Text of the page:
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Wagamaga OP t1_j8xc96f wrote

In many patients, depression is associated with memory dysfunction. Now the results of a large study involving brain scans show that patients with moderate to severe depression have 7-10 per cent fewer serotonin 4 receptors in the brain than healthy test subjects.

The researchers from the University of Copenhagen, Psychiatry in the Capital Region and Rigshospitalet performed PET scans of 90 patients with depression who still had not received treatment and just as many healthy test subject of the same age. A PET scan will reveal the amount of serotonin 4 receptors in the brain.

“You cannot tell from a scan whether a person is depressed or not. But we could tell that there was a difference between the patients and the test subjects. The former had fewer serotonin 4 receptors,” says Clinical Professor Gitte Moos Knudsen from the Department of Clinical Medicine and the Neurobiological Research Unit at Rigshospitalet.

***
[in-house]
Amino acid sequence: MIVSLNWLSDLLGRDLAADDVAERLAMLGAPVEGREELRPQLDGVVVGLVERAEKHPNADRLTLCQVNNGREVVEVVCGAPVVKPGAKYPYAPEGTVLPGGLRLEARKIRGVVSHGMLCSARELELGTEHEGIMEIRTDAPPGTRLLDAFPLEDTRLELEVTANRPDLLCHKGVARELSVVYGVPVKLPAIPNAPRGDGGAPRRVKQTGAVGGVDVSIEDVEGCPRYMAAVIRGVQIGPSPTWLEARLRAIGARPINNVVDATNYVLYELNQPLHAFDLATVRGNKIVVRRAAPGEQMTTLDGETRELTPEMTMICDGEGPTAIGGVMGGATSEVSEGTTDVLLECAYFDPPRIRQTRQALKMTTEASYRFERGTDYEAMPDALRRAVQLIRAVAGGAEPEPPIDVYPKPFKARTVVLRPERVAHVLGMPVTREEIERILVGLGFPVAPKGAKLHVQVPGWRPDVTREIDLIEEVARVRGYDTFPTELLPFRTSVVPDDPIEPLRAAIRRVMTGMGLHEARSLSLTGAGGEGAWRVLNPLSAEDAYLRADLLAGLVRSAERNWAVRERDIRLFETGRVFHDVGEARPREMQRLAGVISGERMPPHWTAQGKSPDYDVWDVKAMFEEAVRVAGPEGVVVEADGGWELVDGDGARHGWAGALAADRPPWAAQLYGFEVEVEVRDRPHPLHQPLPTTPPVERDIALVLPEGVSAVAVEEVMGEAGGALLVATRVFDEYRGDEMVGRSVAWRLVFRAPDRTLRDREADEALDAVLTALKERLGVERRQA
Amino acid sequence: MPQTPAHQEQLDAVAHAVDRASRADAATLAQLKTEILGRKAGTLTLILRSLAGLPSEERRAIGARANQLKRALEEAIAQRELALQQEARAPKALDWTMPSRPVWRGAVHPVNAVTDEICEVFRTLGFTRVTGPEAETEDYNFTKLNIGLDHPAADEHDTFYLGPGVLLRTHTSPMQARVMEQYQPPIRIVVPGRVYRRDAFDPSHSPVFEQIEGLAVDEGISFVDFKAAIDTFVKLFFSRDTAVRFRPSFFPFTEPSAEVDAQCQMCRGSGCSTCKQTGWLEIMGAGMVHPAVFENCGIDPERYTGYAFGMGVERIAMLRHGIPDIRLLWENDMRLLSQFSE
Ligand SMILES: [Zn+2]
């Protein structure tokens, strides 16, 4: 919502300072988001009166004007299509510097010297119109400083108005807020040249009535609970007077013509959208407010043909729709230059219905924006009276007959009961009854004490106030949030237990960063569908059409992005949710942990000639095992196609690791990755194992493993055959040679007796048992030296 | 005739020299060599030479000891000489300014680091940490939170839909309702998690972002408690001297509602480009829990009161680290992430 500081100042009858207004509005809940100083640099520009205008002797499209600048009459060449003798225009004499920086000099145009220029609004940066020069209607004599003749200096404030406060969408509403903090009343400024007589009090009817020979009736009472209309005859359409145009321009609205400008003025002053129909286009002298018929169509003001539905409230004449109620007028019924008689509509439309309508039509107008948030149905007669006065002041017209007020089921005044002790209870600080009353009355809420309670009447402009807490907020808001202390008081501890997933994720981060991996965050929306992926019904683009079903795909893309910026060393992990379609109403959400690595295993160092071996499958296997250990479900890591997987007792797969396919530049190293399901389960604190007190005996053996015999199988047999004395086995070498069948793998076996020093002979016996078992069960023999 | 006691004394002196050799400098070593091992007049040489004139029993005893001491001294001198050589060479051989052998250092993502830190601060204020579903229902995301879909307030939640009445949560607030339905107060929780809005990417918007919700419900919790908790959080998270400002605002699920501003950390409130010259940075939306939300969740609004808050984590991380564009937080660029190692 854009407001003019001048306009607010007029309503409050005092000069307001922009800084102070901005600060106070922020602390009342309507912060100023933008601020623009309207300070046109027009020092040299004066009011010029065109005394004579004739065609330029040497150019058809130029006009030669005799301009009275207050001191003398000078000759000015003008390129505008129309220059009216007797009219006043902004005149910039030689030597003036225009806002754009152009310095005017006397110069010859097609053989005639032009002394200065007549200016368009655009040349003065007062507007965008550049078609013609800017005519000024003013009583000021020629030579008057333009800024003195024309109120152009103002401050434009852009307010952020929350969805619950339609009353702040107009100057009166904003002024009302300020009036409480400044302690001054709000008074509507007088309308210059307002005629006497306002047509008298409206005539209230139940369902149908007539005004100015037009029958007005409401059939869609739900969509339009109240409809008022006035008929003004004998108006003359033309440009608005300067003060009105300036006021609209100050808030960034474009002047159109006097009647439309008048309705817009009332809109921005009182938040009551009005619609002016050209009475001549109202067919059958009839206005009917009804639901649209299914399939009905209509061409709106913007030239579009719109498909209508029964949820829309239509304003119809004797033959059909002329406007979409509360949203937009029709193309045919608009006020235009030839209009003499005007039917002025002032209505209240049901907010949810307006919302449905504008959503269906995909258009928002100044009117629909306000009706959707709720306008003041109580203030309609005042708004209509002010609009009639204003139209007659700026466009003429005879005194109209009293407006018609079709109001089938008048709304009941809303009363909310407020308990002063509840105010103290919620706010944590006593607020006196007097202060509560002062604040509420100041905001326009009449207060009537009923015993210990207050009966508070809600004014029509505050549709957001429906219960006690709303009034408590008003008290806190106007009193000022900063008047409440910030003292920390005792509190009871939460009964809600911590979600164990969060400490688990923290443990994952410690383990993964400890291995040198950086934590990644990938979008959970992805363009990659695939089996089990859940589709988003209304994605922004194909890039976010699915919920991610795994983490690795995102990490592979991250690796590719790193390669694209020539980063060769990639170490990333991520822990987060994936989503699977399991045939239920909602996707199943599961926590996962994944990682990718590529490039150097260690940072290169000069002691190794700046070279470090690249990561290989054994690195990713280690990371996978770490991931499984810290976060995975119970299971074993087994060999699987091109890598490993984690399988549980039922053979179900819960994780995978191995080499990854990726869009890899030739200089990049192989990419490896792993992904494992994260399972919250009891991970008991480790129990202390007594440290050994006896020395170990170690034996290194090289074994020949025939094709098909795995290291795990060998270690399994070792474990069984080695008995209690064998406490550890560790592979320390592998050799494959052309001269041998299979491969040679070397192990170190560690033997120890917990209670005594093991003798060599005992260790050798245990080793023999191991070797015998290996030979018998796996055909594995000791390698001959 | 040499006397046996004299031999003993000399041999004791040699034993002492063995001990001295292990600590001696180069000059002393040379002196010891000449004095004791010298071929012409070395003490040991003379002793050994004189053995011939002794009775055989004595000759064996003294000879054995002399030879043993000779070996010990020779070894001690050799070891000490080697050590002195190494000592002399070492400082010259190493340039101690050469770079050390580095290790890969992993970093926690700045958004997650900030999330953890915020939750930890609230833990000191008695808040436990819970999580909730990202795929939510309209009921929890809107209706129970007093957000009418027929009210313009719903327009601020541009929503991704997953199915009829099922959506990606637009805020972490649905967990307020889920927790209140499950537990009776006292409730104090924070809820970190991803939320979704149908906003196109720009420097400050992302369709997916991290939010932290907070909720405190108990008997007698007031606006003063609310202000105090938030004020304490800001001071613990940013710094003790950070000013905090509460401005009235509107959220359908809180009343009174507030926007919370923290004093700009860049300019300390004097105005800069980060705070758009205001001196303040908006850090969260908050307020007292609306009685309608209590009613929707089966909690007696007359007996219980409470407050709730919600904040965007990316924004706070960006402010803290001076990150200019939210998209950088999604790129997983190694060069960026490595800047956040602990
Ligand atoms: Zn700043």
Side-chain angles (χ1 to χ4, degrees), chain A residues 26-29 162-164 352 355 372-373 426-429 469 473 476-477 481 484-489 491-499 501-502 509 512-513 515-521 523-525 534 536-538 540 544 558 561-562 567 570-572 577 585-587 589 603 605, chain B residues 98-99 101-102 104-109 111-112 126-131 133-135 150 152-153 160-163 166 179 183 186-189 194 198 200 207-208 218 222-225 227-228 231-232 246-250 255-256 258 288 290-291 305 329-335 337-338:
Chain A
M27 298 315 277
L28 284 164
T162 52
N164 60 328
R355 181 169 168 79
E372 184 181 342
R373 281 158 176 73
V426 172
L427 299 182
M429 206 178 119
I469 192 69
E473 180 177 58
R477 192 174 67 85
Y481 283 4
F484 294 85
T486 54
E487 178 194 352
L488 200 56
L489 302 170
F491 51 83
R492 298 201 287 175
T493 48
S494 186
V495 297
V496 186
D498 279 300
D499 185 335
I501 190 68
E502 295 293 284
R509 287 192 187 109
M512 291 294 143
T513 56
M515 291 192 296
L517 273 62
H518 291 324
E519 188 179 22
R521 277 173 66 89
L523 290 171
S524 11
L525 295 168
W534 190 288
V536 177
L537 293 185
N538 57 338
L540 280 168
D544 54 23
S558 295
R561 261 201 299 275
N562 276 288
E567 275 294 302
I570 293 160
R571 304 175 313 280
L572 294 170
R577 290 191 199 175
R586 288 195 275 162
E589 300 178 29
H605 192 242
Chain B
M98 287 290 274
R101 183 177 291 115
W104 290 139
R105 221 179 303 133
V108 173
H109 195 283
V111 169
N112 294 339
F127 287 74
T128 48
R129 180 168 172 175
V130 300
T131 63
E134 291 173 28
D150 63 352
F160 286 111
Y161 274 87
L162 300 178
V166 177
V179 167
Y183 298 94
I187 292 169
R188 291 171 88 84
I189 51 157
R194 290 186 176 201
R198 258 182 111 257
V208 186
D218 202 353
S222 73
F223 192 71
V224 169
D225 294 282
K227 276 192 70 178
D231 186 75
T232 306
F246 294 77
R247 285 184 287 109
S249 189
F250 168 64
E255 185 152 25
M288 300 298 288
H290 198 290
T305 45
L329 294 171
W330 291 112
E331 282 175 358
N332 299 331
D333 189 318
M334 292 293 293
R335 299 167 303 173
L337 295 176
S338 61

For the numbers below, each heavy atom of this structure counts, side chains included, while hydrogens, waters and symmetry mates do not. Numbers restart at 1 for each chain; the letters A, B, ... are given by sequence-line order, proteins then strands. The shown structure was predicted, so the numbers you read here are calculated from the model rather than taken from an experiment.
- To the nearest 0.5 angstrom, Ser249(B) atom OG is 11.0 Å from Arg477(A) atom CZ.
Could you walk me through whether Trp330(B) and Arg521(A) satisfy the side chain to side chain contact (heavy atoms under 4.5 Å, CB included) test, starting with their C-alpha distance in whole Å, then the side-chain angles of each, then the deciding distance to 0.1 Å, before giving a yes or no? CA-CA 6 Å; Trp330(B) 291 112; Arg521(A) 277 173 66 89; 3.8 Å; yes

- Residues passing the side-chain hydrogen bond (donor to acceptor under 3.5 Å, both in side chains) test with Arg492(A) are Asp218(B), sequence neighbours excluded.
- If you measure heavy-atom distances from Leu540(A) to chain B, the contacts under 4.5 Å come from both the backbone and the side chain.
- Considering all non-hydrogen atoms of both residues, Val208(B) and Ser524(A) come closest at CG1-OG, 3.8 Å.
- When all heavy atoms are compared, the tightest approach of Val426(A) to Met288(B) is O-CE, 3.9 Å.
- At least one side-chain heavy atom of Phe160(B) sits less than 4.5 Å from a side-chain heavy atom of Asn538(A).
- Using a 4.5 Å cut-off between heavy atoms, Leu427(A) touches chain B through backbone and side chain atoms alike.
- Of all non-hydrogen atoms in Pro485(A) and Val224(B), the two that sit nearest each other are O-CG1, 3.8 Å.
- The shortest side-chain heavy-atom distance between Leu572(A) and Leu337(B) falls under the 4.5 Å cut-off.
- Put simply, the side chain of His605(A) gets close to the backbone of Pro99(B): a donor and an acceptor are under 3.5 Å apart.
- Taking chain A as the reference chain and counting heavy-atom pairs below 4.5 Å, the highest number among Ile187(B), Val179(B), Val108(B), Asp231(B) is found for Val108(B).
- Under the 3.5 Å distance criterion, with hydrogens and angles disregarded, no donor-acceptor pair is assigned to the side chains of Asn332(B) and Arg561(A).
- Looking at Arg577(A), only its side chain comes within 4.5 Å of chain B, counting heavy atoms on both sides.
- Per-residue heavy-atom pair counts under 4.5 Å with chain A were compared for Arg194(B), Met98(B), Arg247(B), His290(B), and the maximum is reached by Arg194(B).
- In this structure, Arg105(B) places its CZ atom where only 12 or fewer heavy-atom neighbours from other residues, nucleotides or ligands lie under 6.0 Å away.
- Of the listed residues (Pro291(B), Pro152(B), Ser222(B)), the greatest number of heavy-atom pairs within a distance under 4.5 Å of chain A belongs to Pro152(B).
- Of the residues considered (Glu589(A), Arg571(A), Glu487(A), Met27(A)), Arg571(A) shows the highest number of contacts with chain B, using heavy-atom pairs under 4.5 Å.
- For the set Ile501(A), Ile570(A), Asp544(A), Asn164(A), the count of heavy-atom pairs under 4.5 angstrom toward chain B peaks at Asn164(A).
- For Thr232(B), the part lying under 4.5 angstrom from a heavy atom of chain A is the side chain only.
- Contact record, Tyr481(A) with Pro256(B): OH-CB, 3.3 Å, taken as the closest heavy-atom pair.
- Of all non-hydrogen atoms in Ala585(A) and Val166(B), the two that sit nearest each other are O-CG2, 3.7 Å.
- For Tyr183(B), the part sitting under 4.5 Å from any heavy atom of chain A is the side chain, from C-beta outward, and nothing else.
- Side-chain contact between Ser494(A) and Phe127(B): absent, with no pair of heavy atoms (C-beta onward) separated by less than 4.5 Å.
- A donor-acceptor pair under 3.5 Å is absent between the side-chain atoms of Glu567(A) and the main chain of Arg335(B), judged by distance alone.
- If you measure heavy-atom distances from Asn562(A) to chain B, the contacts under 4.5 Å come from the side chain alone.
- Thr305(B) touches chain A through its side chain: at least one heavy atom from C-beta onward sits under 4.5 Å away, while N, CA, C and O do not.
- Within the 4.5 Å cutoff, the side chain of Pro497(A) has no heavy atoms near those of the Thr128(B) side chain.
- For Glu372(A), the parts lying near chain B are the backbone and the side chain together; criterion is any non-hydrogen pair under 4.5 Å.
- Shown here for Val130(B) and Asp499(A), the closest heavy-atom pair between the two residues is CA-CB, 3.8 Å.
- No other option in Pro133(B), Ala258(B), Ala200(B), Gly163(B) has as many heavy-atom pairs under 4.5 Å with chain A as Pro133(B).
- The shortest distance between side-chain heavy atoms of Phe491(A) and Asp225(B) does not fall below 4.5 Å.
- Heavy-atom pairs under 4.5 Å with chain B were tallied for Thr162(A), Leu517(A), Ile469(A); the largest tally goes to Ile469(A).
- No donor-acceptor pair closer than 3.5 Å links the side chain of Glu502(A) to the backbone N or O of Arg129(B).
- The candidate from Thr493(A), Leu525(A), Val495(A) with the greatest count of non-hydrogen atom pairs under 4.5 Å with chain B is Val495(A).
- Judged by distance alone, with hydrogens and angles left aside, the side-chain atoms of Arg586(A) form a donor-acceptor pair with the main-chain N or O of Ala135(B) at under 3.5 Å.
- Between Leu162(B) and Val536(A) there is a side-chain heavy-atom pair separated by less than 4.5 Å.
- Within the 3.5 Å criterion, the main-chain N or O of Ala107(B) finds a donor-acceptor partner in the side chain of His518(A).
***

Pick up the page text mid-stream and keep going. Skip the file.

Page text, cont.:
Largest PET brain scan study of its kind Previous studies have shown that the serotonin 4 receptor affects the risk of depression, while others have shown that it is associated with human memory. The new results, which have just been published in the scientific journal JAMA Psychiatry, are based on the largest PET brain scan study ever to have been conducted on patients suffering from depression. The aim of the study was to describe the connection between depression, memory dysfunction and low receptor levels.


MRSN4P t1_j8xrobb wrote

Very interesting. This begs the question of whether serotonin impacting medications (SSRIs, etc) affect memory performance in people with and without depression.


peer-reviewed-myopia t1_j8xwm8t wrote

I don't understand the value of this research. Depression has been known to correlate with memory dysfunction and decreased hippocampal volume. 5-HT4 (serotonin 4) receptors have been known to be involved with memory, and the structural plasticity effects within the hippocampus.